Non-EU resident 0.0060*0.0058*0.0057*
German CB −0.0044*−0.0043*−0.0013
French CB −0.0066*−0.0059*−0.0034*
Belgian CB −0.0040*−0.0047*−0.0036*
Female −0.0006 −0.0023 −0.0006 −0.0023
Age −0.0192*−0.0213* −0.0194*−0.0215*
Age squared/100 0.0003*0.0003* 0.0003*0.0003*
Secondary education 0.0033*0.0012 0.0032*0.0013
Tertiary education 0.0254*0.0126* 0.0253*0.0129*
Job tenure 0.0012 −0.0002 0.0014 −0.0001
Job tenure squared/100 −0.0001 0.0000 −0.0001 0.0000
Manager 0.0028* 0.0029*
10–49 employees in firm −0.0003 −0.0004
50–249 employees in firm 0.0022 0.0022
500–999 employees in firm 0.0017 0.0018
1000+ employees in firm −0.0009 −0.0008
Part time contract 0.0067* 0.0067*
Industry/Manufacture −0.0060 −0.0060
Construction −0.0056 −0.0058
Wholesale −0.0003 −0.0002
Hotel/Restaurant −0.0007 −0.0007
Trans/Comm −0.0028 −0.0029
Finance −0.0043 −0.0042
Real estate −0.0073* −0.0071*
Managerial 0.0398* 0.0403*
Professional 0.0018 0.0023
Associate professional −0.0051 −0.0047
Clerk −0.0085* −0.0081*
Service worker −0.0034* −0.0031*
Craft and trade worker −0.0054* −0.0052*
Manufacturers −0.0072* −0.0069*
Constant0.0311*0.0534*0.0679* 0.0311*0.0538*0.0677*
Notes: Based on 2006 Luxembourg Structure of Earnings Survey data. *, and indicate statistical significance at 1, 5 and 10 percent levels respectively (repeated half-sample percentile bootstrap confidence intervals not covering zero at the corresponding confidence levels). Model 1 does not include covariates, Model 2 includes human capital covariates, Model 3 includes both human capital and job characteristics. Binary or multinomial covariates scaled by t = 0.1 .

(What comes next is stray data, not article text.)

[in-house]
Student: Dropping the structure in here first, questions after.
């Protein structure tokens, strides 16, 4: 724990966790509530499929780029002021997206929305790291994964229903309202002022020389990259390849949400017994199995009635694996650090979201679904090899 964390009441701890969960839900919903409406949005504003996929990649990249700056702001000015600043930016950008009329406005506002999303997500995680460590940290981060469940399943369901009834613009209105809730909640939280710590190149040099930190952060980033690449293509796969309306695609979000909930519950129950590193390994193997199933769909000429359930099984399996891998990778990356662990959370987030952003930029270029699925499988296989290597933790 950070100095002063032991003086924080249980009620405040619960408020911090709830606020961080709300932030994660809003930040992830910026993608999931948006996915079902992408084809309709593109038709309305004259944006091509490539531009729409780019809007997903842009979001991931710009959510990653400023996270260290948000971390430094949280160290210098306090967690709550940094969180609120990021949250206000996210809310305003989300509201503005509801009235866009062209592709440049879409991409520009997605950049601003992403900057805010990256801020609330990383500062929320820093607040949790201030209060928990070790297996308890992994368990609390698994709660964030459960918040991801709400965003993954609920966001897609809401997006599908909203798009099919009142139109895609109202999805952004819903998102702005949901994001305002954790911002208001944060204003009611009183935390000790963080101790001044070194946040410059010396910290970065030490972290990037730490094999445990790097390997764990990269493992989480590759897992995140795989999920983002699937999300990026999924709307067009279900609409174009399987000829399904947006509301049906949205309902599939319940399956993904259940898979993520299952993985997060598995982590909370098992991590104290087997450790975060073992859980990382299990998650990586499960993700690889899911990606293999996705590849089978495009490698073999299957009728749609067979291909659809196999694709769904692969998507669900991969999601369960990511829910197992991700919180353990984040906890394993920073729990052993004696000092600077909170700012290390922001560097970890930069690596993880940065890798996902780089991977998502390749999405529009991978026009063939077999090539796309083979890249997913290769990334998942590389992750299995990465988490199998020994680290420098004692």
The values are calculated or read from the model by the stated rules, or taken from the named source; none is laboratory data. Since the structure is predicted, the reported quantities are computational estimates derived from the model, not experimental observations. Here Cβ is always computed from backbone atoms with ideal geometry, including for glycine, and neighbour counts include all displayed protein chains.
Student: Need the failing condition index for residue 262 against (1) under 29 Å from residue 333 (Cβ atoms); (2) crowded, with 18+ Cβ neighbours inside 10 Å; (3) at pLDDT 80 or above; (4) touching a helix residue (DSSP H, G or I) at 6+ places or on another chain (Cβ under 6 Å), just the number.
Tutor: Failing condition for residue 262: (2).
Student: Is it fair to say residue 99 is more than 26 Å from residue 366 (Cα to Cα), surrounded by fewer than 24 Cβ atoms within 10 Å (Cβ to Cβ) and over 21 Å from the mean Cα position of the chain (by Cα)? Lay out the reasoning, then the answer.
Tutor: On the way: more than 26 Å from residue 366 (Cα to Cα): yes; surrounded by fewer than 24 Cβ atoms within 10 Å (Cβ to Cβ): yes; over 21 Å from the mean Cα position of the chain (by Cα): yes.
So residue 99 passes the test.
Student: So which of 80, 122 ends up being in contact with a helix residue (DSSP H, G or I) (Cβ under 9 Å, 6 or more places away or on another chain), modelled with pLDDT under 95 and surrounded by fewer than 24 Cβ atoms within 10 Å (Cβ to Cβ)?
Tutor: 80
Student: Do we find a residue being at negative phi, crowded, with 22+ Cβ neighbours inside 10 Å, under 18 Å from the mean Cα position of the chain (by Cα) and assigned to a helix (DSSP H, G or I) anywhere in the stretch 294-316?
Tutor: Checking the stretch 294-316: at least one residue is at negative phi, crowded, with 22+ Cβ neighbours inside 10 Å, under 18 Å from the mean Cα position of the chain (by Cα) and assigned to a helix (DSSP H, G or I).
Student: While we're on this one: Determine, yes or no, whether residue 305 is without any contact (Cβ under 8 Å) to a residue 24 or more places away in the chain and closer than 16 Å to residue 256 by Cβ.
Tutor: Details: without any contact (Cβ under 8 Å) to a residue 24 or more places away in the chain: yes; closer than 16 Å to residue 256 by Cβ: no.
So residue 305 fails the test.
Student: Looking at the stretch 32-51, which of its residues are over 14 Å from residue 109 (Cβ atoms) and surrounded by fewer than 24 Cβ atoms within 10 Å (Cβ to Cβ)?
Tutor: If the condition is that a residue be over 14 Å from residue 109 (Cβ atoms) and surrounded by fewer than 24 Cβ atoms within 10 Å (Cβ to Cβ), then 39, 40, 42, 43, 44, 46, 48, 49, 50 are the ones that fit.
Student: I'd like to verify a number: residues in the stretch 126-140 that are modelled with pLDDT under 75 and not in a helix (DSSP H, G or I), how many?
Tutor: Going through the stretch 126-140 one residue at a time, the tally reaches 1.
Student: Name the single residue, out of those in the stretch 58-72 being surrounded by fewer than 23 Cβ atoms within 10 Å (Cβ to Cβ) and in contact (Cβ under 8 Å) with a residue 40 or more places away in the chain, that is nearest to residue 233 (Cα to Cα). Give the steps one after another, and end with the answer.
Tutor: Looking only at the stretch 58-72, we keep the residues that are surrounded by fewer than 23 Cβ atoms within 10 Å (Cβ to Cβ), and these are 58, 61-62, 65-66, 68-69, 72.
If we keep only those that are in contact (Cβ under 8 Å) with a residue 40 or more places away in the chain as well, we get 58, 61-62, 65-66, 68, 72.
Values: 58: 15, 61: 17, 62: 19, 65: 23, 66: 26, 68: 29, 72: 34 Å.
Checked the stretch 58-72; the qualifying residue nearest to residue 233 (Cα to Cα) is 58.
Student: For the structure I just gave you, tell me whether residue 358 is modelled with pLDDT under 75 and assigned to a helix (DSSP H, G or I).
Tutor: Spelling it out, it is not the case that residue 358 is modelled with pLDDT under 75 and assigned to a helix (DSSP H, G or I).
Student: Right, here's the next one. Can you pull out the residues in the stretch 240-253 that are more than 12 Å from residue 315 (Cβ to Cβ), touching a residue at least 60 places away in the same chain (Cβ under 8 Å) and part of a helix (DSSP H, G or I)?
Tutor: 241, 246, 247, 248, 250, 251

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1.
The equilibrium impacts of immigration on the distribution of native workers wages remains a debated topic. They crucially depend on the degree of complementarity or substitutability between foreign and native labour—and this may vary by occupation and skill groups—so net impacts are not unambiguous. In the United States for instance, while Grossman (1982), Card (1990) or, more recently, Card (2009) and Ottaviano and Peri (2012) show that the impact of immigration on native wages is small or negligible, Borjas (1999, 2003) find that immigration lowers the wage of competing native workers. Manacorda et al. (2012) and Dustmann et al. (2013) show that the impact of immigration on wages in the UK is heterogeneous across the distribution: the overall effect on native wages is positive as a combination of a negative effect at lower percentiles of the distribution but a positive effect at higher percentiles. No or small positive impacts have been identified in Spain and Israel (Carrasco et al. 2008; Friedberg 2001).